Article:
Of all talent management tools available to organizations, hiring assessments typically draw the closest scrutiny and therefore, the most questions from potential Customers. One of the most basic questions is: “How do I know this assessment works?“
The usual response to this question is to provide evidence showing higher assessment scores predict greater performance, or that the assessment is valid for use in that job. If you are looking at hiring assessments, you may also be concerned with the legal issues surrounding them. You may have heard of or been involved with a case involving an alleged unfair hiring practice and are eager to avoid a similar situation. So naturally, there is a follow-up: “Who is responsible if we are sued?” This question actually means: “Who is responsible for establishing that the test is valid?“ and “Who is writing the check if it isn’t?“
The question above is not as easy to address as it first may seem. Legally, according to the Uniform Guidelines on Employee Selection Procedures1 (binding employment regulations put forth by the U.S. Department of Labor), it is the responsibility of the employer to ensure that all hiring tools are valid. That is, the employer must be ready to show any selection measure, such as an interview or hiring assessment, is related to job performance. You are now probably thinking that the answer to the validity question is pretty straightforward: The employer is ultimately responsible.
There is, however, an ethical side to this question. At Corvirtus, we feel an ethical obligation to our Customers to ensure that the hiring tools provided are valid according to legal and professional guidelines. Our position is not based upon the letter of the law or even business practicality. We believe that protecting our Customers is the right thing to do.
Hiring assessments are sometimes advertised as covering a wide range of job positions. Often times, generalized validity results are presented as evidence for the effectiveness of such hiring instruments. This means the evidence supporting your use of a hiring assessment could include a variety of job groups, occupations, companies, and positions. It may not reflect the unique demands of your job, the specific competencies required, or how your culture impacts job performance.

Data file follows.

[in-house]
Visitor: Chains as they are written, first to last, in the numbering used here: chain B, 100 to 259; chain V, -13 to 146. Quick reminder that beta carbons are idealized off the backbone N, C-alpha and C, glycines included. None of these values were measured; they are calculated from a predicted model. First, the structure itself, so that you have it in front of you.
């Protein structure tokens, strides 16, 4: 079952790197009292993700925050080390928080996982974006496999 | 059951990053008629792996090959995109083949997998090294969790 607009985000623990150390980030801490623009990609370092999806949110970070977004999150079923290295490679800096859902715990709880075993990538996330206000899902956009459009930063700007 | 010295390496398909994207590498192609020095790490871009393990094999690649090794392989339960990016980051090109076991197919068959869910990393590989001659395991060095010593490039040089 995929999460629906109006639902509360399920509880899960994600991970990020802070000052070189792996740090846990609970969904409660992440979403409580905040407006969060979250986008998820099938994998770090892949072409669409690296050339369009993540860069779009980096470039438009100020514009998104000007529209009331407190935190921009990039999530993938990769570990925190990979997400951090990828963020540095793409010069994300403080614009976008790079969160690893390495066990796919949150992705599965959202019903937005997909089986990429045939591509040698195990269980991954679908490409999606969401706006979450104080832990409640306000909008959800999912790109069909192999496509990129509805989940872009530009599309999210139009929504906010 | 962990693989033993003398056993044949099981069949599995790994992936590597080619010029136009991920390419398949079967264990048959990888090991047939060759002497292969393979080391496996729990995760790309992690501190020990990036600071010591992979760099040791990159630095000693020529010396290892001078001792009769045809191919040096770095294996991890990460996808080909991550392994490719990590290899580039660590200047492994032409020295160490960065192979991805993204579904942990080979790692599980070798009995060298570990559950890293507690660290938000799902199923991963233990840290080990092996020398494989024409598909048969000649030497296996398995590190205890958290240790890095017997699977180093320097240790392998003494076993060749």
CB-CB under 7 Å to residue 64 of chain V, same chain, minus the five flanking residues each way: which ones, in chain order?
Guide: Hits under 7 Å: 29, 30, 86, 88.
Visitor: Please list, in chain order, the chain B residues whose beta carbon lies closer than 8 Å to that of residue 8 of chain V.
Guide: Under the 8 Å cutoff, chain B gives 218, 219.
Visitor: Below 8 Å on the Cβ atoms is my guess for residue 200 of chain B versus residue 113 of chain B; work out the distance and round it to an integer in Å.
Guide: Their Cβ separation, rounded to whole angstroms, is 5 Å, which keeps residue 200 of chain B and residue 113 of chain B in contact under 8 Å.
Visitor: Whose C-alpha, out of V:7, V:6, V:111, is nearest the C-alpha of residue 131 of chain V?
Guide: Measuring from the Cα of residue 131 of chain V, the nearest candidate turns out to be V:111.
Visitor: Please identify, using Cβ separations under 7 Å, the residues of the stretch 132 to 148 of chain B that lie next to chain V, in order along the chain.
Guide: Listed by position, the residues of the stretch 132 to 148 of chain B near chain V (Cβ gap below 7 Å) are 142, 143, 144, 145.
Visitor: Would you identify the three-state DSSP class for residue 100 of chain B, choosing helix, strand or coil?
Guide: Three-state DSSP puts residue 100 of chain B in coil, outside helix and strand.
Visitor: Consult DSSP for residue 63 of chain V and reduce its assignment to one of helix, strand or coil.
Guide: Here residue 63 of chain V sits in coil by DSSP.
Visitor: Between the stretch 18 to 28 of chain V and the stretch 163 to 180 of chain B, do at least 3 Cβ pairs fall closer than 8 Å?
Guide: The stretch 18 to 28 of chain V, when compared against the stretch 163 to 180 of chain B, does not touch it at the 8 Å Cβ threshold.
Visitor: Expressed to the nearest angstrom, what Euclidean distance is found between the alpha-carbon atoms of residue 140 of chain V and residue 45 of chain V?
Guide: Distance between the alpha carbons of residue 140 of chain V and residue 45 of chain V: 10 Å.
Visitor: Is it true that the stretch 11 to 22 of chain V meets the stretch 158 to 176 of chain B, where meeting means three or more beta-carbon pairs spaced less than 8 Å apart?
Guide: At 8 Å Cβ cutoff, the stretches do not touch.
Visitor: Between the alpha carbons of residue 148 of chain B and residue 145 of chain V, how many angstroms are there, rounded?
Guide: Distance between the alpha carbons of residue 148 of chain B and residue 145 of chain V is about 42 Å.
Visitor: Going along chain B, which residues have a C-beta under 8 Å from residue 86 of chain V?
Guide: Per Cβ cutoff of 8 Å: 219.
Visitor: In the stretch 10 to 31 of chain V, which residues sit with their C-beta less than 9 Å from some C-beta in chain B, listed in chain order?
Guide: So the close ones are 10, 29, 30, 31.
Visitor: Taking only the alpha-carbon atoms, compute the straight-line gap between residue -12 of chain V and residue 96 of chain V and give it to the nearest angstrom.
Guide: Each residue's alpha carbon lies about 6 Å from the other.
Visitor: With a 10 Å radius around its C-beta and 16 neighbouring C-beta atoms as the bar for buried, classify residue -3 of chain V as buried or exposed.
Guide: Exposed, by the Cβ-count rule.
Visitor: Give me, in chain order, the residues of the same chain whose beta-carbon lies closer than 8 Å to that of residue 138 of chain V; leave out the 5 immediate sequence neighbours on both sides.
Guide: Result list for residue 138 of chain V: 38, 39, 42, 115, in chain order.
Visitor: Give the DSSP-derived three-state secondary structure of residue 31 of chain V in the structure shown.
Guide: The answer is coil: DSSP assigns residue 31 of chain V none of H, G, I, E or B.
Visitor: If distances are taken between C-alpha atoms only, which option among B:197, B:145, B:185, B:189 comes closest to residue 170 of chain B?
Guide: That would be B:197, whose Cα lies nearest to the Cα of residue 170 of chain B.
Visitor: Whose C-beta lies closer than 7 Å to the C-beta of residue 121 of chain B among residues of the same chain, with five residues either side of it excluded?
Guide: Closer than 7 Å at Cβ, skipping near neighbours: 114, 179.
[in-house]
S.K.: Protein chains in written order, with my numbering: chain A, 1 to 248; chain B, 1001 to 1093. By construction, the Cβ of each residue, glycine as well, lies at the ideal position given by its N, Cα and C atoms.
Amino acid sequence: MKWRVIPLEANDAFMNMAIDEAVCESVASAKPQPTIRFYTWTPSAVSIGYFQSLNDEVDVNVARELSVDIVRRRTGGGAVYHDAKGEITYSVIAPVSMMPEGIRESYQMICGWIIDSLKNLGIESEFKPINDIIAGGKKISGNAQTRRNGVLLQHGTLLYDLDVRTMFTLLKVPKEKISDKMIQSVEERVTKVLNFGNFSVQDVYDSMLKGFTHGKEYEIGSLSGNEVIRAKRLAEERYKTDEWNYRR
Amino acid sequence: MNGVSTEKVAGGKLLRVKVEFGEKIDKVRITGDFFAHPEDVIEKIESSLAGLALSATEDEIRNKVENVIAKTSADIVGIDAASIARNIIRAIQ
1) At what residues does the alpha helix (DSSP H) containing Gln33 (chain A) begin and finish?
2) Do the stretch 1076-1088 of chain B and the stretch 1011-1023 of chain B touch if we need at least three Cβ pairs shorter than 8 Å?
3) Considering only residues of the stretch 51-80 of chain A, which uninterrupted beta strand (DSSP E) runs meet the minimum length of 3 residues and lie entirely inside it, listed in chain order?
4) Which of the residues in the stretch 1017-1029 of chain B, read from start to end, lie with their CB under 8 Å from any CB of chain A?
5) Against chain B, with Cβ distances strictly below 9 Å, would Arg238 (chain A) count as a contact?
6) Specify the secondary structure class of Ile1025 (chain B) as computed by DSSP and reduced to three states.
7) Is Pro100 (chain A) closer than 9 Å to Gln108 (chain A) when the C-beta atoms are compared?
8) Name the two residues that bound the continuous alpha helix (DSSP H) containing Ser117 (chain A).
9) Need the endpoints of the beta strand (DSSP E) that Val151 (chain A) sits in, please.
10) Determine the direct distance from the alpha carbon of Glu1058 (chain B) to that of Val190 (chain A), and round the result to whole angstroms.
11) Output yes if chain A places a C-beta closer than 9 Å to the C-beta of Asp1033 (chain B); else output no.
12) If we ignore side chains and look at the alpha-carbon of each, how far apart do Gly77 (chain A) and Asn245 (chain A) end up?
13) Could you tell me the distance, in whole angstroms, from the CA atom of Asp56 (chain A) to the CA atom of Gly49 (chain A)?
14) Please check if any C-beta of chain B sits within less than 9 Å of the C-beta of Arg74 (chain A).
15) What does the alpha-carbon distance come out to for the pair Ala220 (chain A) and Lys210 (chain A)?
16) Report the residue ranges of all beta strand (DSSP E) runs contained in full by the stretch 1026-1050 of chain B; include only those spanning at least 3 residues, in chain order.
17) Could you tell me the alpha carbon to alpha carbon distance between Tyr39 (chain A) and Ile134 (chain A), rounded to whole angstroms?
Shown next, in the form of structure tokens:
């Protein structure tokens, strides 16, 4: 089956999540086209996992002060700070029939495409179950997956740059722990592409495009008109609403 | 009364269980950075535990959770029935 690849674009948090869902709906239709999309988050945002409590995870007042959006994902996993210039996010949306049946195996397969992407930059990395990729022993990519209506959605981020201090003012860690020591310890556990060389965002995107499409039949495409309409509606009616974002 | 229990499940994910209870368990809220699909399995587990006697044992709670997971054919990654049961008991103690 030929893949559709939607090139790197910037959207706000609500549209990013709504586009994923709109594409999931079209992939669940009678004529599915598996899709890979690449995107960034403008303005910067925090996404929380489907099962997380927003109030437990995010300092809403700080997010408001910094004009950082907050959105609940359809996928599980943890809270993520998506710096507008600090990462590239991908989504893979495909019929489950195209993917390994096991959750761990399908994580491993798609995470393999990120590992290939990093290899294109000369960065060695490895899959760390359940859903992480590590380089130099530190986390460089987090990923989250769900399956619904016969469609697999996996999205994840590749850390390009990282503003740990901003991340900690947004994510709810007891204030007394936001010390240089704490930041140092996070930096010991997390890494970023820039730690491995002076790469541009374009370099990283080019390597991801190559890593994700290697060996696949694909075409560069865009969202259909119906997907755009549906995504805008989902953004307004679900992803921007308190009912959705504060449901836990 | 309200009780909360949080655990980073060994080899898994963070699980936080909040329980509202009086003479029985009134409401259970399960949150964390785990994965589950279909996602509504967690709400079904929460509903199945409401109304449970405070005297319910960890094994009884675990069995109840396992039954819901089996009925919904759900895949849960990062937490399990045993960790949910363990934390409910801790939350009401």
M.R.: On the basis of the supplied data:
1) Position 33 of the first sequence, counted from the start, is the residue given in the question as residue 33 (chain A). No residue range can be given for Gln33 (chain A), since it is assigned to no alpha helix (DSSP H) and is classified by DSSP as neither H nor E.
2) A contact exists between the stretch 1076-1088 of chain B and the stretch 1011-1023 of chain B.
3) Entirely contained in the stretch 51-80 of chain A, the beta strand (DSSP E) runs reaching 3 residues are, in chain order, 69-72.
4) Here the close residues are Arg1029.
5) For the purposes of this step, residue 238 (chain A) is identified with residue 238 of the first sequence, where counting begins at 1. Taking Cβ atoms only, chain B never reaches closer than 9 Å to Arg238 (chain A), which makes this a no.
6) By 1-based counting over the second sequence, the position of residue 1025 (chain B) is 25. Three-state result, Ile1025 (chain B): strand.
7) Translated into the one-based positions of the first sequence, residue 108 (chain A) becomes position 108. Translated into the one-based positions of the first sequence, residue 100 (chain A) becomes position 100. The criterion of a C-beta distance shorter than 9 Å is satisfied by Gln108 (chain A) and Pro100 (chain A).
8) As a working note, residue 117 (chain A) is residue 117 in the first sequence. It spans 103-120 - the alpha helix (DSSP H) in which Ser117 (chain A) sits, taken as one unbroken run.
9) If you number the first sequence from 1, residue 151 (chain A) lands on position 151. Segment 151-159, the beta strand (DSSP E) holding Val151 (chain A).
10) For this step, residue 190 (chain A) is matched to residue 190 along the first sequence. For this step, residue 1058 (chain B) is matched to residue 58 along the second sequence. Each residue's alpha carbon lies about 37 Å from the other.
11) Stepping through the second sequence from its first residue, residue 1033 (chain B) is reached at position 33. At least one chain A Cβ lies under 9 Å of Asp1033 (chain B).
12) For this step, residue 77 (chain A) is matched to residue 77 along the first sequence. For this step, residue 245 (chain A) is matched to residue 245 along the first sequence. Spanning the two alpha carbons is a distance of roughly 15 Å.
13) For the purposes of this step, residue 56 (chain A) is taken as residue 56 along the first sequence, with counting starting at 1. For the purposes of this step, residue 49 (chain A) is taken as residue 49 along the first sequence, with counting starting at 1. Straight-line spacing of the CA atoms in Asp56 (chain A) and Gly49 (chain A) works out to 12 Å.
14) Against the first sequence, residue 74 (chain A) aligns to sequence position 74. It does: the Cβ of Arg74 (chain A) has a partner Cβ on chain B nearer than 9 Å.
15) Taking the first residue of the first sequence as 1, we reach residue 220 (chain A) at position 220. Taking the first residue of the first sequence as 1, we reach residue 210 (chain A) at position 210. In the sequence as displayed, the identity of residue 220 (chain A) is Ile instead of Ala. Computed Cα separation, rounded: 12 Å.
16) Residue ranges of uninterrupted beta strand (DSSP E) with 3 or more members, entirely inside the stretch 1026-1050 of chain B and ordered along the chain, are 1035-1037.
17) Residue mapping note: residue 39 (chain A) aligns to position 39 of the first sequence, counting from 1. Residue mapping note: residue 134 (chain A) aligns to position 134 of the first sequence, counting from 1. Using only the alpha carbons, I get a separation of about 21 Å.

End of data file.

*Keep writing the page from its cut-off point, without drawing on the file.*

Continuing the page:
Off-the-shelf assessments may provide less legal protection when challenged. By themselves, a test publisher’s or consulting firm’s validity studies, done with other organizations’ data, cannot be a guarantee of adequate evidence of validity if an employer faces a legal challenge to a hiring assessment.
1. We intensely study the job. We interview job incumbents, supervisors, and other stakeholders to create a competency model to select the most appropriate and job-related assessments.
2. We “test the tests” through validation studies to show that scores are related to measurable performance outcomes. This consists of gathering performance data (i.e., measures of performance that we intend to accurately measure using the items on the assessment) and linking it to scores on the assessment to demonstrate a relationship between the two. Whenever possible, we use your own employees during these studies to set performance benchmarks for each assessment.
3. We proactively monitor the assessments for adverse impact: we assess it and resolve it before it is an issue.
4. We work with our Customers to document all aspects of the hiring process should there ever be a legal challenge.
How was your hiring system developed? Questions about best practices for hiring? Leave us a comment here or contact us – we are eager to help you find a hiring solution that enables your success.
1 Section 60-3, Uniform Guidelines on Employee Selection Procedures (1978); 43 FR 38295 (August 25, 1978).